Wisdom in dealing with life challenges necessitates looking at the wider picture of life, which means looking at not just ourselves, but also others around us. As T.S. Elliot, famous the poet, once said "No man is an island." That is, we are all connected with one another one way or the other. Accordingly, we may begin to see everything in perspective, and life may become less challenging. Therefore, focusing on self -- or, according to the ancient Chinese wisdom of Lao Tzu, on the ego-self -- may make us see only our immediate needs and not the teaching moment or another door of opportunity being opened to us. In Lao Tzu's wisdom, living in the present moment holds the key to attaining awareness, which enables us to see the natural cycle of life; understanding the natural order of things eliminates the focus on the ego-self, which is the obstacle to dealing with life challenges. In place of the ego-self is spontaneity, and life no longer has its challenges.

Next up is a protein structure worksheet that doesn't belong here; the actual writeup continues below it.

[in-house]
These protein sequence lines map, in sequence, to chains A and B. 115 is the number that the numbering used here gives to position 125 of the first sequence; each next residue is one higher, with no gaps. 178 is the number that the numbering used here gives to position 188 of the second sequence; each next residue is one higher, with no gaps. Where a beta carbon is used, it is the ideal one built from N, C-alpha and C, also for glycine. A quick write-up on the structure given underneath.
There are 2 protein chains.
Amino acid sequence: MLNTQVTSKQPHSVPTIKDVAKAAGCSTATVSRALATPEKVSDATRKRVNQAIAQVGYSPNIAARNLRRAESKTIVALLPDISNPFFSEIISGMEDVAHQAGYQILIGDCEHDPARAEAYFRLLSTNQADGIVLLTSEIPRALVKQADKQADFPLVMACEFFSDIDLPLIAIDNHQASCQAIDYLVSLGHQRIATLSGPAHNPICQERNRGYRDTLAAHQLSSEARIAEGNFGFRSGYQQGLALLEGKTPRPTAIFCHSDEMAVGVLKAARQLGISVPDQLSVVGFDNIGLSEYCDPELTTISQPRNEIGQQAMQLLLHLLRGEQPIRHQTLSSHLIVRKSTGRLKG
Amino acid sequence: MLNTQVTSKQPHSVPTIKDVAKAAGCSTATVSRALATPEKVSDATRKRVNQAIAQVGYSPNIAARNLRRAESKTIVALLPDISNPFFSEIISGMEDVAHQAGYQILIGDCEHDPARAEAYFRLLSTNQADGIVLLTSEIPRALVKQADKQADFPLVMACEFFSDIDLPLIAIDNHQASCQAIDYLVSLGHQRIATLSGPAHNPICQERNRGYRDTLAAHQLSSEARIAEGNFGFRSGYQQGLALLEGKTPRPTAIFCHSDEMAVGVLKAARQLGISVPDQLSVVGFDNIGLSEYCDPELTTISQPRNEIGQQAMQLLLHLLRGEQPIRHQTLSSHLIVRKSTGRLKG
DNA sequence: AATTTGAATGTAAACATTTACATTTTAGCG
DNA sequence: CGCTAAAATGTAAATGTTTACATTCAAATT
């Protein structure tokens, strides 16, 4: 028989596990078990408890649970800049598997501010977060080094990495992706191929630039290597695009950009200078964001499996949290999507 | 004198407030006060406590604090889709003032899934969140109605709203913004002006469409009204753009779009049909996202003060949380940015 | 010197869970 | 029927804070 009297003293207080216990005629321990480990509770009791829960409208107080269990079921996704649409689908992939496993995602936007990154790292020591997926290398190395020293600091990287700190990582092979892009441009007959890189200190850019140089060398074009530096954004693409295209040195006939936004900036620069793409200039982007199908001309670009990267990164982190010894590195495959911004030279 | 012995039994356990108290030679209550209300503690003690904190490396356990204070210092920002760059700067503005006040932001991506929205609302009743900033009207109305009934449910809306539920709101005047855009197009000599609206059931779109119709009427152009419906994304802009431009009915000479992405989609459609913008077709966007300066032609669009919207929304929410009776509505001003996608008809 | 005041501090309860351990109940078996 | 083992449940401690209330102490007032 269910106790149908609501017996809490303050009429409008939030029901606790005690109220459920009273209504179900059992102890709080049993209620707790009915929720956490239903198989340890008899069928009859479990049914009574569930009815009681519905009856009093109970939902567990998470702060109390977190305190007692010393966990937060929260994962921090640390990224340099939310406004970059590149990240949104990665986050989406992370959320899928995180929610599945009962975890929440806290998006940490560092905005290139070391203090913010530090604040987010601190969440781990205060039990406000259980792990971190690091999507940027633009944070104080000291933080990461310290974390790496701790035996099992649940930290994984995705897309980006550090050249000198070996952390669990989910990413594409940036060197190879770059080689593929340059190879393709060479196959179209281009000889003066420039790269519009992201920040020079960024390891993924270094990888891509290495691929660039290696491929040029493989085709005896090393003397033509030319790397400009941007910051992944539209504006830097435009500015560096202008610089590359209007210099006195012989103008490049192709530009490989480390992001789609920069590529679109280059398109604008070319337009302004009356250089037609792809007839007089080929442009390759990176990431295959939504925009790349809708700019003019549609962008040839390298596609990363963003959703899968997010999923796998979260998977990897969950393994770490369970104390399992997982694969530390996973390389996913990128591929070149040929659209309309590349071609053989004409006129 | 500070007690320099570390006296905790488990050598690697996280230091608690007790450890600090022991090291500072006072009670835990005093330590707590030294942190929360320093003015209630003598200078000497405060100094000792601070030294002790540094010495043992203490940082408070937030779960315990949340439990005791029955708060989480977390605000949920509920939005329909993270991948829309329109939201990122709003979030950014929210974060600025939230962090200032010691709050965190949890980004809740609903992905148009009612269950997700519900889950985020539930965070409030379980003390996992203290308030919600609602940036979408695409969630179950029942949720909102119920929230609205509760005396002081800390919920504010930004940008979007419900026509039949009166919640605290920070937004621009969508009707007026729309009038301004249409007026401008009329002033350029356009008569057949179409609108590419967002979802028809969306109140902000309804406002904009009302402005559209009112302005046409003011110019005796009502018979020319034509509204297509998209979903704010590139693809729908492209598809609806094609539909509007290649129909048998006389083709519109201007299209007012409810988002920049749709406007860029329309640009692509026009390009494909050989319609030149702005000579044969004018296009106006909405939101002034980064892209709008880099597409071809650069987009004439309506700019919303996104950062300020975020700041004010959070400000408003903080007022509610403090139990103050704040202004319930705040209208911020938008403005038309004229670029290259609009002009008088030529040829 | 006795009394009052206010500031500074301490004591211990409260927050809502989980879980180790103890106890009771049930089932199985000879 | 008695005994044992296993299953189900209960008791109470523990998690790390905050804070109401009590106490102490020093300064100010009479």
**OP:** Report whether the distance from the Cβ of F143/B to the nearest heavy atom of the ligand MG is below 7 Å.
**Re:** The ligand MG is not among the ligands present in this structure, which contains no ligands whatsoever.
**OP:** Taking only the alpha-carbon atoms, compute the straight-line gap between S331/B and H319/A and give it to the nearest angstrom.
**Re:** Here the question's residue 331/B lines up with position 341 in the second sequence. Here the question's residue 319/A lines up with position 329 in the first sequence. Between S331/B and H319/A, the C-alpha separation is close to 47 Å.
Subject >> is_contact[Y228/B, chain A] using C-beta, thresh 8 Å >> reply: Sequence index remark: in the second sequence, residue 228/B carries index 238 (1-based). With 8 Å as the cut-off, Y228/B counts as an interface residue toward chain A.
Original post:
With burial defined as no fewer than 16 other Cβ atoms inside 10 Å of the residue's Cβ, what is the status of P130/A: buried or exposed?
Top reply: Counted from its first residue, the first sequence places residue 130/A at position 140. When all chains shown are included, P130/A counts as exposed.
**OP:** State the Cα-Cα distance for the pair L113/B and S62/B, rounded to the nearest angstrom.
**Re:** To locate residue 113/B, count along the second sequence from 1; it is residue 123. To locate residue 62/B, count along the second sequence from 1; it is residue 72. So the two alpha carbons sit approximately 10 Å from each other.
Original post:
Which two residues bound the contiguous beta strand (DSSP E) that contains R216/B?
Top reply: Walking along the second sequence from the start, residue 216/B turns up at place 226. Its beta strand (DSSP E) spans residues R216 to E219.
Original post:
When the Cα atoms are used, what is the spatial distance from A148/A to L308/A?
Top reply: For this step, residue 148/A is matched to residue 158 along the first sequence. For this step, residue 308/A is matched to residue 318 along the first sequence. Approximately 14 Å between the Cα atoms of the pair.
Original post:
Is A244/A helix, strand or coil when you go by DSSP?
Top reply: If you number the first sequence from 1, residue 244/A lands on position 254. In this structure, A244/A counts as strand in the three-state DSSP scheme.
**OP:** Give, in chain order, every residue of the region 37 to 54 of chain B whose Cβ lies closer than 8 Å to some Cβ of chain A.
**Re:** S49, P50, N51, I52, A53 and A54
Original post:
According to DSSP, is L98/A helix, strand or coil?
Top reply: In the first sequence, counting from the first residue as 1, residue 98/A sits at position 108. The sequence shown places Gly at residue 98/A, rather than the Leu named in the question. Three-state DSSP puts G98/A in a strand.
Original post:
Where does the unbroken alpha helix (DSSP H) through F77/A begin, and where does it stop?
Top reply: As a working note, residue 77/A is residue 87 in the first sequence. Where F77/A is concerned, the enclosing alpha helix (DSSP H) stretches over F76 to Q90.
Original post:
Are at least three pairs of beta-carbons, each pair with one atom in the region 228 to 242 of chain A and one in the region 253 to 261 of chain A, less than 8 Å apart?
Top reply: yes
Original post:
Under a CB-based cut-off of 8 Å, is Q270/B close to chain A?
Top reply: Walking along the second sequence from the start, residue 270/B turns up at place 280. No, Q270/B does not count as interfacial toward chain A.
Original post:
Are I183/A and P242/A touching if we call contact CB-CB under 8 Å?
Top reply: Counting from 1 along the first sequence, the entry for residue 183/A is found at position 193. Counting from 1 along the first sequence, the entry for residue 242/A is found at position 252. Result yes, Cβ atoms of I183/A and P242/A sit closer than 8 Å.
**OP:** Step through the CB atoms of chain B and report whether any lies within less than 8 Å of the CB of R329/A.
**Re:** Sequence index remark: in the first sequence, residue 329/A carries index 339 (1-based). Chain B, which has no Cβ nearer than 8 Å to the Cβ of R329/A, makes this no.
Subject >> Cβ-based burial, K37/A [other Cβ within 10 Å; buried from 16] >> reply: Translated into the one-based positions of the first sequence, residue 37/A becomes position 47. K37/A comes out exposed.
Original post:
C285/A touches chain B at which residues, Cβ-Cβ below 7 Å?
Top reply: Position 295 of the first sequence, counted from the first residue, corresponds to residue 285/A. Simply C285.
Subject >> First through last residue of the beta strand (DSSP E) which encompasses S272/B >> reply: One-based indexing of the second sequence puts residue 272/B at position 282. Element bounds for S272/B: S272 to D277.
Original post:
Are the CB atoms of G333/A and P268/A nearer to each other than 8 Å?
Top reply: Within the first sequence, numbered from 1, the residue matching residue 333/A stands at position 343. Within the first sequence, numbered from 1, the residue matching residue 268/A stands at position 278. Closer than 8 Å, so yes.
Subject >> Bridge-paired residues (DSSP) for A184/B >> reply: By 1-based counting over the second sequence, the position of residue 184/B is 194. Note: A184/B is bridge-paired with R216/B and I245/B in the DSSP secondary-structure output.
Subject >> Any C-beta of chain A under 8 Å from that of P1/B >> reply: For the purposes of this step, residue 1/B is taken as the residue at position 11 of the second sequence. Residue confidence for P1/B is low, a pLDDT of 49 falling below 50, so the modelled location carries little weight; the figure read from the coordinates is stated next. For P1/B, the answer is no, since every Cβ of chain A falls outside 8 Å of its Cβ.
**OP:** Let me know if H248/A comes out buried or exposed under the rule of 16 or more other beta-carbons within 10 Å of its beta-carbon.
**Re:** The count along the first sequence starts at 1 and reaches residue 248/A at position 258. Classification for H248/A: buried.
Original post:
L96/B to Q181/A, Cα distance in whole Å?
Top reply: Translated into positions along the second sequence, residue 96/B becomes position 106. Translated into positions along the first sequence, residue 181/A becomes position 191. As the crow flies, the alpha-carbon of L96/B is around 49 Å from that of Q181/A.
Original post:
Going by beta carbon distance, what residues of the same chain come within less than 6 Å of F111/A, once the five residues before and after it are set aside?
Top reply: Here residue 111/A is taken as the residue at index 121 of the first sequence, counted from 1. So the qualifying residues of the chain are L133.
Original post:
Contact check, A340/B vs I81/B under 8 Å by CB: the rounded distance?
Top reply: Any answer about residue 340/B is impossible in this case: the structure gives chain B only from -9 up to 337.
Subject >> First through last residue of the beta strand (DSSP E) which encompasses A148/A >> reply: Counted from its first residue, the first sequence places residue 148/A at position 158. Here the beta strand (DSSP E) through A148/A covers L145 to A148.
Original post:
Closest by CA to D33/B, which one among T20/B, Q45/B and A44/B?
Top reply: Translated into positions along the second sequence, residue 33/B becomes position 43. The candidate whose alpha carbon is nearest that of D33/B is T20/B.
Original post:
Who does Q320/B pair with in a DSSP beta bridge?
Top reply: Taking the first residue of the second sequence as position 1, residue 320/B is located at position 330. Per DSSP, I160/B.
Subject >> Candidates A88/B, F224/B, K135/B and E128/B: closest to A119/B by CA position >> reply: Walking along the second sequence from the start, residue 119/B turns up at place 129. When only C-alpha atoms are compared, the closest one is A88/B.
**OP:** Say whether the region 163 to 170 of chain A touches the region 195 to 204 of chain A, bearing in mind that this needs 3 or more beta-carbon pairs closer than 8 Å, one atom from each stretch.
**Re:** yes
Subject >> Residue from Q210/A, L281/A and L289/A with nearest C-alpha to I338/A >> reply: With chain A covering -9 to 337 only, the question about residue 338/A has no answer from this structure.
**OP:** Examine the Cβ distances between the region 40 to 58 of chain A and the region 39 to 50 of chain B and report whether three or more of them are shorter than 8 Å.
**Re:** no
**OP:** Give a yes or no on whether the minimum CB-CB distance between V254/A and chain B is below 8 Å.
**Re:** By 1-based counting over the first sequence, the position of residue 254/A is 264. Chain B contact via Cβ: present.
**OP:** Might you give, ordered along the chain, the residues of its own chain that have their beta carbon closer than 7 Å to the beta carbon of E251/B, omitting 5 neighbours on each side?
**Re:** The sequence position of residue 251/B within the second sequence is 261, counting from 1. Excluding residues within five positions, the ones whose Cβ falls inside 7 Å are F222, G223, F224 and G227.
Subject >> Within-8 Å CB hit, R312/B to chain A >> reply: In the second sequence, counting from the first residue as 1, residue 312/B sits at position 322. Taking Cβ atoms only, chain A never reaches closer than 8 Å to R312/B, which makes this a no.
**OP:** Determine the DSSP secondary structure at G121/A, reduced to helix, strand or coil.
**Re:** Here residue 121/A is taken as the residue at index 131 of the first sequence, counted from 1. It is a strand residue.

The Book of Life and Living shows you how to enhance human wisdom to face your daily challenges.

Stephen Lau 
Copyright© by Stephen Lau

Thursday, December 27, 2018

Stress-Free with Intellect and not Intelligence

Stress-Free with Intellect not Intelligence

According to CNN health news “Learn to Live with It: Becoming Stress-Free”, use your intellect, and not your intelligence, to manage and cope with your everyday stress.

Intelligence is knowledge, which doesn’t help you with stress; intellect, on the other hand, is wisdom, which may help you coping with stress.

Stress comes from the internal, and not the external. Stress originates from the ego-self. You have an ego, and therefore you “expect” things, people, and circumstances to do things your way to satisfy your ego. If they don’t meet your expectations, they become your stressors. NO EGO NO STRESS. You need intellect, which is essentially human wisdom, to let go of your ego in order to be stress-free. It’s just that simple.

Here is the health news: